[Twisted-web] Twisted vs Webware
Clark C. Evans
cce at clarkevans.com
Fri Oct 22 19:40:28 MDT 2004
On Fri, Oct 22, 2004 at 12:55:31PM -0700, Tom Fillmore wrote:
| I have a couple on the drawing board - one will be a _very_ data
| intensive app for commercial real estate, while the other will be a
| front end to a text search engine for various types of
| text/writings, with PDF output, etc.
It sounds like you have some pretty traditional requirements -- both
Twisted or Webware will work for you well. I was using Webware about
2-3 years ago, so I can't tell you what is new since then, but I've
switched to Twisted and have been very happy. Perhaps if I explained
why I switched, it might be helpful.
First, I wanted a built-in web server, I got tired of configuring
Apache separately and at the time Webware didn't have its own HTTPS
server implementation. I've been using Twisted's HTTPS for some
time now and have been very happy; just recently I've written digest
authentication for Twisted -- its in my sandbox if you wish.
Second, I wanted 'ftp' server support "built-in" since many
operating systems allow these to be mounted and used just like file
systems. This seemed quite a useful feature, and when I saw a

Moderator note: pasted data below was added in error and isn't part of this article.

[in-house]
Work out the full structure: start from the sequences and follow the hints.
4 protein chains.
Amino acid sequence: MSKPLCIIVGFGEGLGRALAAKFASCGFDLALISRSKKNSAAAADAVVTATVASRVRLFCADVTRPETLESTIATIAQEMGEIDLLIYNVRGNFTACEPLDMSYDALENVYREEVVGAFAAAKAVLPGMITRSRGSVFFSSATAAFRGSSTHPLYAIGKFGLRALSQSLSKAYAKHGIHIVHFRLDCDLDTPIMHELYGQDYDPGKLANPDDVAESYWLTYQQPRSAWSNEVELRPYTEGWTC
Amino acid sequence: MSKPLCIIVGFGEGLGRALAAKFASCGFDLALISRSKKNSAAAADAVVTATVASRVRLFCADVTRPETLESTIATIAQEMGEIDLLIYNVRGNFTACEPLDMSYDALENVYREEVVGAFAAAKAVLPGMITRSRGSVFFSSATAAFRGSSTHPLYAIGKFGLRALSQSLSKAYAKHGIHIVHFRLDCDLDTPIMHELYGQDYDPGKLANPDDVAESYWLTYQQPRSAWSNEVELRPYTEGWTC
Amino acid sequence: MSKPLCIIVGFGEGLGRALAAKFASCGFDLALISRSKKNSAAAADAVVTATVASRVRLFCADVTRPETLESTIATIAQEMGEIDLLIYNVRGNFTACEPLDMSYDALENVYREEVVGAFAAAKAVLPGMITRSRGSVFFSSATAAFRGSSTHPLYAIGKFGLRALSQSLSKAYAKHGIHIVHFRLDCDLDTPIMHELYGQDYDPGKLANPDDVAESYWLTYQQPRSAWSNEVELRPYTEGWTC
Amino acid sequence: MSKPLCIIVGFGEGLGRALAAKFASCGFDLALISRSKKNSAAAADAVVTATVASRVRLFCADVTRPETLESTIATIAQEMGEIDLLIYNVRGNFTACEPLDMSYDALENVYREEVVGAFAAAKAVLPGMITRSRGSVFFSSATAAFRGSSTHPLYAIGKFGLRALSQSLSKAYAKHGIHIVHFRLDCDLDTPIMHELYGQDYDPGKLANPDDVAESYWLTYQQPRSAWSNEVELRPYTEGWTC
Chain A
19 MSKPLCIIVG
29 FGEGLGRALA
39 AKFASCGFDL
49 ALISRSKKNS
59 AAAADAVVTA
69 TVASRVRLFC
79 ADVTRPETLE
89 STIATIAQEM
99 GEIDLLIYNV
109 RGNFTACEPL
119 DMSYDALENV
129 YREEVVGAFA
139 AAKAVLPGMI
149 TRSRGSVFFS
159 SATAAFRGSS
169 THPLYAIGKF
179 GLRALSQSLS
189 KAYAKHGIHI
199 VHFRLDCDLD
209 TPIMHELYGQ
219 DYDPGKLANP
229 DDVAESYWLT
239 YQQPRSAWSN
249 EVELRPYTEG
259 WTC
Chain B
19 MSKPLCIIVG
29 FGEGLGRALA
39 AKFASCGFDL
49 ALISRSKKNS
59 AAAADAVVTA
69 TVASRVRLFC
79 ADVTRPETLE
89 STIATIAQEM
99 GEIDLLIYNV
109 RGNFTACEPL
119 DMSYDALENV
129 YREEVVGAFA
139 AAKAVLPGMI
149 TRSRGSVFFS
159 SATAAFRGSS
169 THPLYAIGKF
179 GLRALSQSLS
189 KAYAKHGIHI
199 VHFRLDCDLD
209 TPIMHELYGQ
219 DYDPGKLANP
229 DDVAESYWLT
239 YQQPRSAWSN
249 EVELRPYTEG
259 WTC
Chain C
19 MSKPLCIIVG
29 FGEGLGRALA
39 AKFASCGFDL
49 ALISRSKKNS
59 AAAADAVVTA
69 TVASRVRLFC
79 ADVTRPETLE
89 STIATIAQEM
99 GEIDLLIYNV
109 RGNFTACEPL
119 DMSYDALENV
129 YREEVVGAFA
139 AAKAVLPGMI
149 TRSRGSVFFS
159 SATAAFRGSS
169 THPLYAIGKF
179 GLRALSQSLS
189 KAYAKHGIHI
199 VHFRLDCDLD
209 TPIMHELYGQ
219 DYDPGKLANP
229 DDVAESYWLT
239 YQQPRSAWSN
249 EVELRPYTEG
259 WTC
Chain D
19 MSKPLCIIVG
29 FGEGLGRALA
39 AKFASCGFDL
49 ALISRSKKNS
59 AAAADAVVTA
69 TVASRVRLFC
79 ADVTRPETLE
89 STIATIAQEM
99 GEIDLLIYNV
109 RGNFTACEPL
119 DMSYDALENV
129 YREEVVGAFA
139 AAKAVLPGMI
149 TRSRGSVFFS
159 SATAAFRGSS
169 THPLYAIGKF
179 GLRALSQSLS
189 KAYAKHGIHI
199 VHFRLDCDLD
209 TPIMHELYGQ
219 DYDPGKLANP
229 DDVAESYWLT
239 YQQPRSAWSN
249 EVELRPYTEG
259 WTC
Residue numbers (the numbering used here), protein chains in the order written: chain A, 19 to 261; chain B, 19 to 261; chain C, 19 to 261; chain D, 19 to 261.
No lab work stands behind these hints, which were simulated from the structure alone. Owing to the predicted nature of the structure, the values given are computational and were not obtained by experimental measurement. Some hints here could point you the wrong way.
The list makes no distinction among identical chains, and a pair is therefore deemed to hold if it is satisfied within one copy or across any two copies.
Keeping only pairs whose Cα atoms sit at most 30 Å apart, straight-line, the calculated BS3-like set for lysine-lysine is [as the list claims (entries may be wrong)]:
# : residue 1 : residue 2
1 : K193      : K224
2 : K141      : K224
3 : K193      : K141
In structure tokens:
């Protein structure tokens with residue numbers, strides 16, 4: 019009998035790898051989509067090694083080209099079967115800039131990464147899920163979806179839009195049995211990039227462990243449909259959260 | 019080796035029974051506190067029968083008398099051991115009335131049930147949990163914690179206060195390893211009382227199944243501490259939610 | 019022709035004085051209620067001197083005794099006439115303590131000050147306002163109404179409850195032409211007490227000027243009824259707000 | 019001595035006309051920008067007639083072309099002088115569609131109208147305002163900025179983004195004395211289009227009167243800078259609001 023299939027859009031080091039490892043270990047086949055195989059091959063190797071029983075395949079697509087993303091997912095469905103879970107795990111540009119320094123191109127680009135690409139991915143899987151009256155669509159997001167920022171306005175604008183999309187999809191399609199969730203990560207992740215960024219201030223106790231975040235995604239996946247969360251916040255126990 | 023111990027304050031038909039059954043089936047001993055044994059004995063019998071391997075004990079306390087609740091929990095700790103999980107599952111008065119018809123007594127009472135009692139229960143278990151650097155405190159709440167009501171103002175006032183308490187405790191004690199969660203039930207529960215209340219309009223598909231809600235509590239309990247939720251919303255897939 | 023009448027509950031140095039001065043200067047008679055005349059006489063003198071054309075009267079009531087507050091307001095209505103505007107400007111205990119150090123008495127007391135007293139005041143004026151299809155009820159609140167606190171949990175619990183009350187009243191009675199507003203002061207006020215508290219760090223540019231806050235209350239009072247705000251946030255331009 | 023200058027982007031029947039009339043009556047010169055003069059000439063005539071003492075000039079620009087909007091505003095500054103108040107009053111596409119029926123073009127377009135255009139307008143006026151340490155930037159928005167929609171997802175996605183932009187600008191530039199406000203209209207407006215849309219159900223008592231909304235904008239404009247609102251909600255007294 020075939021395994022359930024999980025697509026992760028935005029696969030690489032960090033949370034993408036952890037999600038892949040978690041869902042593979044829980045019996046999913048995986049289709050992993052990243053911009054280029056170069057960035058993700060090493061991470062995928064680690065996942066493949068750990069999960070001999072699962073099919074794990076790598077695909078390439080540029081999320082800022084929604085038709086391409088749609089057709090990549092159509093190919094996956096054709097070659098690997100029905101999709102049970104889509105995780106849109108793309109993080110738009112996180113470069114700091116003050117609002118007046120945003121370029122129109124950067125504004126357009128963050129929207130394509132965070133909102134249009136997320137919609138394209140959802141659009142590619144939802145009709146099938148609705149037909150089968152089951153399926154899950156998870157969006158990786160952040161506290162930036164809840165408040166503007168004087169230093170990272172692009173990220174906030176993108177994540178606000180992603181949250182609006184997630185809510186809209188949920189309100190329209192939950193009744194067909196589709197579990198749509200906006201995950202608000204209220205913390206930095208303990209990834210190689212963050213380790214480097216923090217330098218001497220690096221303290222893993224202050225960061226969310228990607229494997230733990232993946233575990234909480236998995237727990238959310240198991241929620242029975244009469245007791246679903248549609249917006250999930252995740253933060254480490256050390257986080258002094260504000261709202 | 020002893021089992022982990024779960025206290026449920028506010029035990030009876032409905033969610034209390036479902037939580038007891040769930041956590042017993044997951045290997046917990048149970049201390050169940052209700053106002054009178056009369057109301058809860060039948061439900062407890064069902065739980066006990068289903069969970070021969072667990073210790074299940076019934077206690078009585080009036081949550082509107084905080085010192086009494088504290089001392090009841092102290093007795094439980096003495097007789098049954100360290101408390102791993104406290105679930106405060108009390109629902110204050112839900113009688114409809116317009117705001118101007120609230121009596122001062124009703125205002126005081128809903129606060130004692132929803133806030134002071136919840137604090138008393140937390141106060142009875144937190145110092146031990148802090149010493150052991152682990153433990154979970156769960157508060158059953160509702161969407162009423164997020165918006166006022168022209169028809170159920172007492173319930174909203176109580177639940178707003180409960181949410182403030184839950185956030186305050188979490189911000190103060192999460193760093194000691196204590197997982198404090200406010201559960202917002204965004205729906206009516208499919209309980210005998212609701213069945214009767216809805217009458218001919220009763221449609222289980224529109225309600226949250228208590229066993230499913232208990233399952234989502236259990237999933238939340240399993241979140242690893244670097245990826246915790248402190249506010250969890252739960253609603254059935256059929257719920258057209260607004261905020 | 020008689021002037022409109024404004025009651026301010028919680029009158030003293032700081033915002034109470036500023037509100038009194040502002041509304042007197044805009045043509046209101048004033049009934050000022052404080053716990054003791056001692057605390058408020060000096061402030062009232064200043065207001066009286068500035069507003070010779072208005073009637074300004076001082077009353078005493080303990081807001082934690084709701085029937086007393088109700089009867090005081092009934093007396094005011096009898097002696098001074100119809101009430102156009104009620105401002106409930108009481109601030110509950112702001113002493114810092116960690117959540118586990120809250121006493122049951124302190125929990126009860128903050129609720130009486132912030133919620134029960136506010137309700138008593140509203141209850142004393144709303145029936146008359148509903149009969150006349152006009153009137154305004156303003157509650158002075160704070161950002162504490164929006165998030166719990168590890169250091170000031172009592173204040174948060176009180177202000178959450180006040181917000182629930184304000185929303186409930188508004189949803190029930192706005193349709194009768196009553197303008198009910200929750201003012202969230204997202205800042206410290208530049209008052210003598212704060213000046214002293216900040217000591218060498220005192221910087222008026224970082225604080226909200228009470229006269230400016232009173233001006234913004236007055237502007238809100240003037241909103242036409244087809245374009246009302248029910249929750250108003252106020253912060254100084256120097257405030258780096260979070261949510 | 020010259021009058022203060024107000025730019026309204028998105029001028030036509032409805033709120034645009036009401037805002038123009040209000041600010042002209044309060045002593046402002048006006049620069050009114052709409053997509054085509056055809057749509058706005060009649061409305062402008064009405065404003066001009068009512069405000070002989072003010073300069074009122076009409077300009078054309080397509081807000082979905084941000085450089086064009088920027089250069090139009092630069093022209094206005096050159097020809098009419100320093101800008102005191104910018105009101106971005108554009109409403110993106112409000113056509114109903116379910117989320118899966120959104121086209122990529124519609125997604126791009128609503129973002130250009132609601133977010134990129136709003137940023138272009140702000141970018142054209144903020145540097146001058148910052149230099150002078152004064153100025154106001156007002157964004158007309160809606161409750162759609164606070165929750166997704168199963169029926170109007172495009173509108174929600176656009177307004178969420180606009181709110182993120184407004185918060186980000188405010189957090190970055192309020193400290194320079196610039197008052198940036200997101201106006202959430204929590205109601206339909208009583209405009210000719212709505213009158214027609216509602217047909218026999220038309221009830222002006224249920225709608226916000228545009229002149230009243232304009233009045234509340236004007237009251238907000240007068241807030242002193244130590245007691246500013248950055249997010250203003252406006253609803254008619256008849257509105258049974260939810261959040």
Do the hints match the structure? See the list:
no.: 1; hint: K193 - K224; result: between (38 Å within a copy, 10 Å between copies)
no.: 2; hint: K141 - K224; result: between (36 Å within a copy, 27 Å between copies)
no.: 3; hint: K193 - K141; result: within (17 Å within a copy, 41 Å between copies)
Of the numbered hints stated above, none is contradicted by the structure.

built-in 'smtp' implementation I got a fuzzy feeling inside.
Third, when I first started to play with Twisted, I really loved how
it handled resources. Webware has 'page' objects, whil Twisted's
resource is similar, it is more flexible and since I was writing a
very serious HTTP URL based system I needed quite a bit of
flexibility in how my system should handle URLs. For Webware I was
maintaining a series of patches -- with Twisted I didn't need the
patches and this made me very happy.
Fourth, Twisted uses 4-space indentation, usually at 76 columns,
and if it isn't, they don't mind me patching it so that it does
fit on my 80-column-huge-font-for-blind-people-screen. By
contrast, Webware used tabs mixed with eight-space-indents that
often put their source code at 159 columns and out. This may seem
nit-picky, but when you have to read the source code to really
"grok" what is going on... having to squint sucks.
Fifth, I actually dislike threads, and to my suprise, people here
had the same opinion. Twisted's deferreds take some time getting
use to, but once you do they are simple and powerful.
Probably the major difference is scope. Twisted is very large
framework and growing. It is a application framework plus all
of the lower-level guts you need. Webware, on the other hand,
was small and focused application layer that used Apache and
didn't try to do everything. If you want to hammer out a quick
application -- perhaps Webware may be better.
That said... if you go with twisted, you may want to hang out
on IRC to get to know people some.
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